This was an amazing book! What we have is the early story of Constantine, when he was still trying to make his way in the world, interspersed with the story of Maxentius, who faces him on the battlefield at the very beginning of the book; the rest is a flash-back. The novel is written in first person by each of them, back and forth one chapter at a time; their memories are so different that I never got confused as to whose story I was reading. Both are sympathetic, and Constantine’s story didn’t really overshadow Maxentius. One is strong, the other is weak, but both prove to be integral to the crisis of their generation. I watched helplessly as they slowly found themselves on opposite sides, inexorably torn apart by their own destinies. In the late 3rd century, Diocletian has just divided the empire into its Tetrarchy, where the east and the west has its own Augustus and Caesar—four rulers in all, where Caesar was to be the heir of Augustus. In theory this may have toned down all the assassinations, but in practice it was a disaster and our protagonists find themselves in the middle; both are cheated from their intended position. Not only do we, the reader, find ourselves involved in the fortunes of these two characters, we are plunged into the everyday life of the empire’s ruling elite. And it’s not a pretty sight! The emperors range from nasty to despicable. These were the days when Christians were burned at the stake; Diocletian even condemned his own wife!
Another Joviani legionary stomped out of the tunnel and onto the arena floor, carrying a crackling torch. The crowd fell utterly silent as the soldier held the torch near the firewood then looked up to Diocletian. Maxentius and I looked on, the breath held captive in our lungs. We, like the rest of the crowd, were sure that the emperor would intervene, give his wife a reprieve. This was statement enough, surely?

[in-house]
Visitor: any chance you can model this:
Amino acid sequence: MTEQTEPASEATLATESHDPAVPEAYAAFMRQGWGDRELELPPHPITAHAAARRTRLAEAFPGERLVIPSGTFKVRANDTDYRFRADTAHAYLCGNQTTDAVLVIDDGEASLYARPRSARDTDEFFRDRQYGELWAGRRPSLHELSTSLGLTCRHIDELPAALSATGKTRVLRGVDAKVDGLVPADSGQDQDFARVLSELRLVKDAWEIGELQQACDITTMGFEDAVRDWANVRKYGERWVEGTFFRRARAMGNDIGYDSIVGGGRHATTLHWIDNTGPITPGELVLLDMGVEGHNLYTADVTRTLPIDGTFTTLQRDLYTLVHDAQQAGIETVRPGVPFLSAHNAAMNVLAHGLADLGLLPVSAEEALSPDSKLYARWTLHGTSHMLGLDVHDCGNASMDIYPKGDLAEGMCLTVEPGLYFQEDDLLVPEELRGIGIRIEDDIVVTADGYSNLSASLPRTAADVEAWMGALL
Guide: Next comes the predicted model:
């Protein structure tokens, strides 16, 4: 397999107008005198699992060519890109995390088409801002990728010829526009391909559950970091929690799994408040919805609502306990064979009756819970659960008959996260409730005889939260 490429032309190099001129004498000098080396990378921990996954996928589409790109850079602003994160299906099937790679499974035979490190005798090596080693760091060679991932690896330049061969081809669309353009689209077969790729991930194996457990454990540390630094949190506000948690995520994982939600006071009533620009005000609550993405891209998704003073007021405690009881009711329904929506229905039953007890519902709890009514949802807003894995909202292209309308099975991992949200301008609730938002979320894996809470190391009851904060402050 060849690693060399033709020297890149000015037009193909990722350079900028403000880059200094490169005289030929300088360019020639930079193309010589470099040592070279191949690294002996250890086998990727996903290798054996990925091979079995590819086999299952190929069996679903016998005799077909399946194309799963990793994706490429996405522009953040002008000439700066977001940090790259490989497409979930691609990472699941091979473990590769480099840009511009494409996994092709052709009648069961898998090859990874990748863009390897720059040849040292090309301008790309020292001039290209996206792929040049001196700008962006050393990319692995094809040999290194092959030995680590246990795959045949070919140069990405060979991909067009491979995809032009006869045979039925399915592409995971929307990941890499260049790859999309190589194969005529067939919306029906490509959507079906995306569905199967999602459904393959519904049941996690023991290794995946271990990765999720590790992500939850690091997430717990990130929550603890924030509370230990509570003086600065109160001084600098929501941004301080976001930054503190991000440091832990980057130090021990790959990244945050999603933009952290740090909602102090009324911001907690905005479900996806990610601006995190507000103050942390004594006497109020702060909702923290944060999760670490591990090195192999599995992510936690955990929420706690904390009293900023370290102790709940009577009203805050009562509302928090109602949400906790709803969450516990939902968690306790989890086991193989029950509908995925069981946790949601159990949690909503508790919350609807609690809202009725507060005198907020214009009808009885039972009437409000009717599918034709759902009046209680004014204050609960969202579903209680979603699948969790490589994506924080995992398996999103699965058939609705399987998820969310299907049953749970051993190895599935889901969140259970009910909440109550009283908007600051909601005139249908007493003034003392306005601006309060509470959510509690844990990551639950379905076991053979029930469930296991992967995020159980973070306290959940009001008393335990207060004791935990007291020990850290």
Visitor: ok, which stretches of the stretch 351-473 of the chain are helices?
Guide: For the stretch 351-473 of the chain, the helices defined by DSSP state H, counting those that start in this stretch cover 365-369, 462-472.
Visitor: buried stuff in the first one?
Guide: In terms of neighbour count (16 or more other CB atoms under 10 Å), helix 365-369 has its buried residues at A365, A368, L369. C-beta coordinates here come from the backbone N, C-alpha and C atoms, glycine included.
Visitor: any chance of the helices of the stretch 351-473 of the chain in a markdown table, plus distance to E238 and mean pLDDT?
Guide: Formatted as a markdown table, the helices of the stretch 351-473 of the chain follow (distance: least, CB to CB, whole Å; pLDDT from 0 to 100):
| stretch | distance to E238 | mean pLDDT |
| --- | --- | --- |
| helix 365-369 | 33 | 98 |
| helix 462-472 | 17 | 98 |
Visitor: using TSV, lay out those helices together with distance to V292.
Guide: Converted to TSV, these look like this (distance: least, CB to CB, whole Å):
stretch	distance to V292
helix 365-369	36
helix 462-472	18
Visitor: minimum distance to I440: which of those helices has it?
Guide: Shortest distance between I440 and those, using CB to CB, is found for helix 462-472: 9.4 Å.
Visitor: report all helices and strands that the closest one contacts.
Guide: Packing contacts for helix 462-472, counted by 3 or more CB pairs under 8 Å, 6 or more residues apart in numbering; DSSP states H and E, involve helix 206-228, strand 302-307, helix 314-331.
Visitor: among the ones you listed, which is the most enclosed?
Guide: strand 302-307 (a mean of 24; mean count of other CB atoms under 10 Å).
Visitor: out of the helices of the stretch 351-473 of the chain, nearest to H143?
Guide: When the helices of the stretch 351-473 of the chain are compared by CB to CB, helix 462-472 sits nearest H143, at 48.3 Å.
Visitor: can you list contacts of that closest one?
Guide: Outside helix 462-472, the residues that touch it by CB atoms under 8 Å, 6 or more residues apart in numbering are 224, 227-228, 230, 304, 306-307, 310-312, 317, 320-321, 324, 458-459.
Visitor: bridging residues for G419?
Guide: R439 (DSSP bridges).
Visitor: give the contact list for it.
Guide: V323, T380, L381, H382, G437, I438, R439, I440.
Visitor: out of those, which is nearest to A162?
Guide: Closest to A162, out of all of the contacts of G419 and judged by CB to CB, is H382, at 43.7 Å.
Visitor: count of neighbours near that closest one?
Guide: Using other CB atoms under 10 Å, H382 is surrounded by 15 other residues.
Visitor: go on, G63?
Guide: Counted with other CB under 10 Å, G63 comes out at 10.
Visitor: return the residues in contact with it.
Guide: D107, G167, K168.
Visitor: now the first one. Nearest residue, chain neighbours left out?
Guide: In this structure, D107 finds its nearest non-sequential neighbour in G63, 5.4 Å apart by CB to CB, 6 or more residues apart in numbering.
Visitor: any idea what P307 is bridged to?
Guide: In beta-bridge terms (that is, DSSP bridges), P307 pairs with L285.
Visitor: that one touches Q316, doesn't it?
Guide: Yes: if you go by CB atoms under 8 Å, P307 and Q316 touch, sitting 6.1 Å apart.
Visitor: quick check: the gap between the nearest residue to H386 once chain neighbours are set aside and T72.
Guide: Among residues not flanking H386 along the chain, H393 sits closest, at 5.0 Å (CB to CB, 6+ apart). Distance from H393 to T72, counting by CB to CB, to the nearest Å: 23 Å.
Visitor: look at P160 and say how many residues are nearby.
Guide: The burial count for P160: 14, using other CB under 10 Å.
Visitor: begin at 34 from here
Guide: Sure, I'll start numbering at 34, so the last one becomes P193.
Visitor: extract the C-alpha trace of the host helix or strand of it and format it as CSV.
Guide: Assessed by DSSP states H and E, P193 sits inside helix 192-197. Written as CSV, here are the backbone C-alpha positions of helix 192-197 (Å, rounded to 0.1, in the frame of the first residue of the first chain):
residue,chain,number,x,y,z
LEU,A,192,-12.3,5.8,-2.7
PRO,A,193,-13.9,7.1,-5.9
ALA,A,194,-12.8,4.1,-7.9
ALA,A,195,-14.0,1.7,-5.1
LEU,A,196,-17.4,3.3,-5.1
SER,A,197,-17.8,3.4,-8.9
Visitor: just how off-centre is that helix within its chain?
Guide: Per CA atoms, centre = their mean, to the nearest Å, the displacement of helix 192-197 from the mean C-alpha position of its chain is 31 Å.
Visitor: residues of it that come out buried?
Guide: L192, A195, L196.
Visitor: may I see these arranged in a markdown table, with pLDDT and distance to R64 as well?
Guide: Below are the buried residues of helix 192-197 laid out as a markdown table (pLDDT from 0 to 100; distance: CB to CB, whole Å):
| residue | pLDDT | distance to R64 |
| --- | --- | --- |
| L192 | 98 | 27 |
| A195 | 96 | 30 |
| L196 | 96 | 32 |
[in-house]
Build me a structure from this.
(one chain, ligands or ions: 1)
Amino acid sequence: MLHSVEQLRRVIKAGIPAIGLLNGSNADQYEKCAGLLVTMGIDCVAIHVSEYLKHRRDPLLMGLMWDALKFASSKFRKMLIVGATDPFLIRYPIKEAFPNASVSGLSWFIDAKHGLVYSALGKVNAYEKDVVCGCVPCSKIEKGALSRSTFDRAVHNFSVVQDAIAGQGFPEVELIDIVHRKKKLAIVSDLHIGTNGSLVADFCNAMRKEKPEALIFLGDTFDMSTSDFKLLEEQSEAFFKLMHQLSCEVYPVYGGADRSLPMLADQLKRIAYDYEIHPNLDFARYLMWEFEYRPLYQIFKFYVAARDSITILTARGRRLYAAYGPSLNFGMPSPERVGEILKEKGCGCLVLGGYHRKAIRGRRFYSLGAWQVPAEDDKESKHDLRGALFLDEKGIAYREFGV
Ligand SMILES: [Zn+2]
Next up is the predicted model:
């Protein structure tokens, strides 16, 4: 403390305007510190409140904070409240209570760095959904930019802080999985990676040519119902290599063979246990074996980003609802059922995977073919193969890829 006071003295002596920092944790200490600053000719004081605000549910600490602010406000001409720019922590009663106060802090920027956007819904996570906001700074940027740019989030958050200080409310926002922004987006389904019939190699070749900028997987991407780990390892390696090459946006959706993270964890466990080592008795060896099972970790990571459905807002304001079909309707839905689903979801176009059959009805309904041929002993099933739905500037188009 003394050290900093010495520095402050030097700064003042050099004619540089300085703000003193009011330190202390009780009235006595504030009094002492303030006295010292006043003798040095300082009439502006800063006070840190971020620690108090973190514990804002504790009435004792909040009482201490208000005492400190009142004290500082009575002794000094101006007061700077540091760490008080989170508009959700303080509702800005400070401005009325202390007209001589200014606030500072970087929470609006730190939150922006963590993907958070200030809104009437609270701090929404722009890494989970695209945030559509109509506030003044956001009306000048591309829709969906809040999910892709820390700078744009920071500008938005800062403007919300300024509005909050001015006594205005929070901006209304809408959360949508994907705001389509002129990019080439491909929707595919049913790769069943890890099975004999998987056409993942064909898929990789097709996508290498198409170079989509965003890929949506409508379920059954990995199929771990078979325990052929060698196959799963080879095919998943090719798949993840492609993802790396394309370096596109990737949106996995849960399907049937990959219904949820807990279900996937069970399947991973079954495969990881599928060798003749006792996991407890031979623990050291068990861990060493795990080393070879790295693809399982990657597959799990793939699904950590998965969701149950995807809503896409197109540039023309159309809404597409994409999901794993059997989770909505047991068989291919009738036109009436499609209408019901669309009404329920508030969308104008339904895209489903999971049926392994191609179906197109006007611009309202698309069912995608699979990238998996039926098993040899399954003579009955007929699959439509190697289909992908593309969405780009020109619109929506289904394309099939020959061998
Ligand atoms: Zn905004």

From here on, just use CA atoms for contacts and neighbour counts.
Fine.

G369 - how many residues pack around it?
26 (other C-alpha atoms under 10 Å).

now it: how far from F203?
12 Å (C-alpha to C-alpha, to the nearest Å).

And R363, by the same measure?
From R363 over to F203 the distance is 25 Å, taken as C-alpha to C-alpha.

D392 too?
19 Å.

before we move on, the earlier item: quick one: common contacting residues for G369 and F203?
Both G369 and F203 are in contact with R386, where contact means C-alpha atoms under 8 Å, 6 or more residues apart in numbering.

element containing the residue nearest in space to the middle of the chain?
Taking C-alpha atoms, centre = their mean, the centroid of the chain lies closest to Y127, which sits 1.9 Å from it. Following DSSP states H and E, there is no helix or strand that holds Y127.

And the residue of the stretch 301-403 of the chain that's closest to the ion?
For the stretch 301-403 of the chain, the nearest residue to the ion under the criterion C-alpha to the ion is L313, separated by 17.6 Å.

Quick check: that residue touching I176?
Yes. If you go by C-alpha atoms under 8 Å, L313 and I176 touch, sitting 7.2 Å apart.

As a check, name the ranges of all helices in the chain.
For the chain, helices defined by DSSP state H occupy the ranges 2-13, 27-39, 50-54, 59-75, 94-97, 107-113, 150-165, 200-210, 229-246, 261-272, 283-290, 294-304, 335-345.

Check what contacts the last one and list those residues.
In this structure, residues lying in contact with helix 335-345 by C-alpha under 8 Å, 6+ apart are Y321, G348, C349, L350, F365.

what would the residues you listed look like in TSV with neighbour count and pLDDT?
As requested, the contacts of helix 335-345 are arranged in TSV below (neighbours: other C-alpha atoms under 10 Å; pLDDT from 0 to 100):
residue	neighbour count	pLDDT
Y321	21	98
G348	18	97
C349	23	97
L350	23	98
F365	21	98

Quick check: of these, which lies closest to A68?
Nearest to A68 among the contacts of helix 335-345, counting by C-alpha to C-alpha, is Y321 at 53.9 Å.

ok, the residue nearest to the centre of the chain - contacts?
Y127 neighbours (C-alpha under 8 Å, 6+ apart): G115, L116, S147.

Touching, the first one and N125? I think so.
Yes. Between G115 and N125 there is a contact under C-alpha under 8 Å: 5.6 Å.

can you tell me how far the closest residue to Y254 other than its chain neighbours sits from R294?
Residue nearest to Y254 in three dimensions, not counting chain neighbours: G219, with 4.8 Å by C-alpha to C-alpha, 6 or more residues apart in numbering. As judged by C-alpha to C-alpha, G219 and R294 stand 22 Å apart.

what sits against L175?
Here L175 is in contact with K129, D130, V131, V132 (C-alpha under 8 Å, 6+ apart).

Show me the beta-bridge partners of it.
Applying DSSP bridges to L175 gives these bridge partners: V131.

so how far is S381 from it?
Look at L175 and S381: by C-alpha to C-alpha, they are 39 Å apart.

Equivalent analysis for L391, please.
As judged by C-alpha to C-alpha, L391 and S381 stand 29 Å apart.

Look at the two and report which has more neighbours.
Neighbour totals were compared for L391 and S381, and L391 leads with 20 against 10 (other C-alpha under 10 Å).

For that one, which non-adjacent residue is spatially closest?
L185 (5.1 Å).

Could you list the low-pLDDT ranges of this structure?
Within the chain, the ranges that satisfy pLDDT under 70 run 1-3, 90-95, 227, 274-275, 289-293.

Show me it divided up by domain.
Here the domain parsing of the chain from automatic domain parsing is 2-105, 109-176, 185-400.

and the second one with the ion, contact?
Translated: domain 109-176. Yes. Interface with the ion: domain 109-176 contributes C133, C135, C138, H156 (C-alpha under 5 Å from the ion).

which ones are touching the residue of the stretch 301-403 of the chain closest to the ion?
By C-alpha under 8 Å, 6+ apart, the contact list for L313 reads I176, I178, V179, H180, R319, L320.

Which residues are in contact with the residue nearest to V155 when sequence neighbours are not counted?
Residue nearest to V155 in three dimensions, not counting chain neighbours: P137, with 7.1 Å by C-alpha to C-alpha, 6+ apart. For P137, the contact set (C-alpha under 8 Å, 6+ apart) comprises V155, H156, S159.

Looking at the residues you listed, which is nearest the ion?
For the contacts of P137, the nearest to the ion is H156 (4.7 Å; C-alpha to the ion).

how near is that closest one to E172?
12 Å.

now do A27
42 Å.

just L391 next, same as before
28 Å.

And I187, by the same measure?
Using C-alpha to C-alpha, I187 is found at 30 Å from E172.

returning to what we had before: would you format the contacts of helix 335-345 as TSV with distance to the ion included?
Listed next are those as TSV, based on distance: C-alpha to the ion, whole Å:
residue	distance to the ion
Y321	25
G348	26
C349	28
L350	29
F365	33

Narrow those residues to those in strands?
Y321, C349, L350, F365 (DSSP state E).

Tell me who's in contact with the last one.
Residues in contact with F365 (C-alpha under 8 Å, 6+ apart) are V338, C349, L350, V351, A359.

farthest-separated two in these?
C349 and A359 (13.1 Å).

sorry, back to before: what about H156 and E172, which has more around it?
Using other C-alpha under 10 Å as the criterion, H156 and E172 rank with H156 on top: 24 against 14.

At that moment, I noticed how Diocletian jolted in his seat, lurching forward as if shaken by some great moment of understanding. His fingers clasped the arms of his seat and his eyes grew wide. His lips opened as if to speak.
Free her, I mouthed, willing him to speak those words. I noticed Maxentius’ lips move likewise by my side.
Silence… then the emperor nodded to the torch-bearer and slumped back in his seat.
Nice guy! And he wasn’t the worst. After Diocletian retired, the Emperor of the East, Galerius, was ruthless, greedy, and sadistic; he proved to be the nemesis of both Constantine and Maxentius and seemed to get away with the worst atrocities. I couldn’t wait until Constantine took over and gave him his just desserts, but I’m destined to wait a little longer. Let’s hope that happens in book two!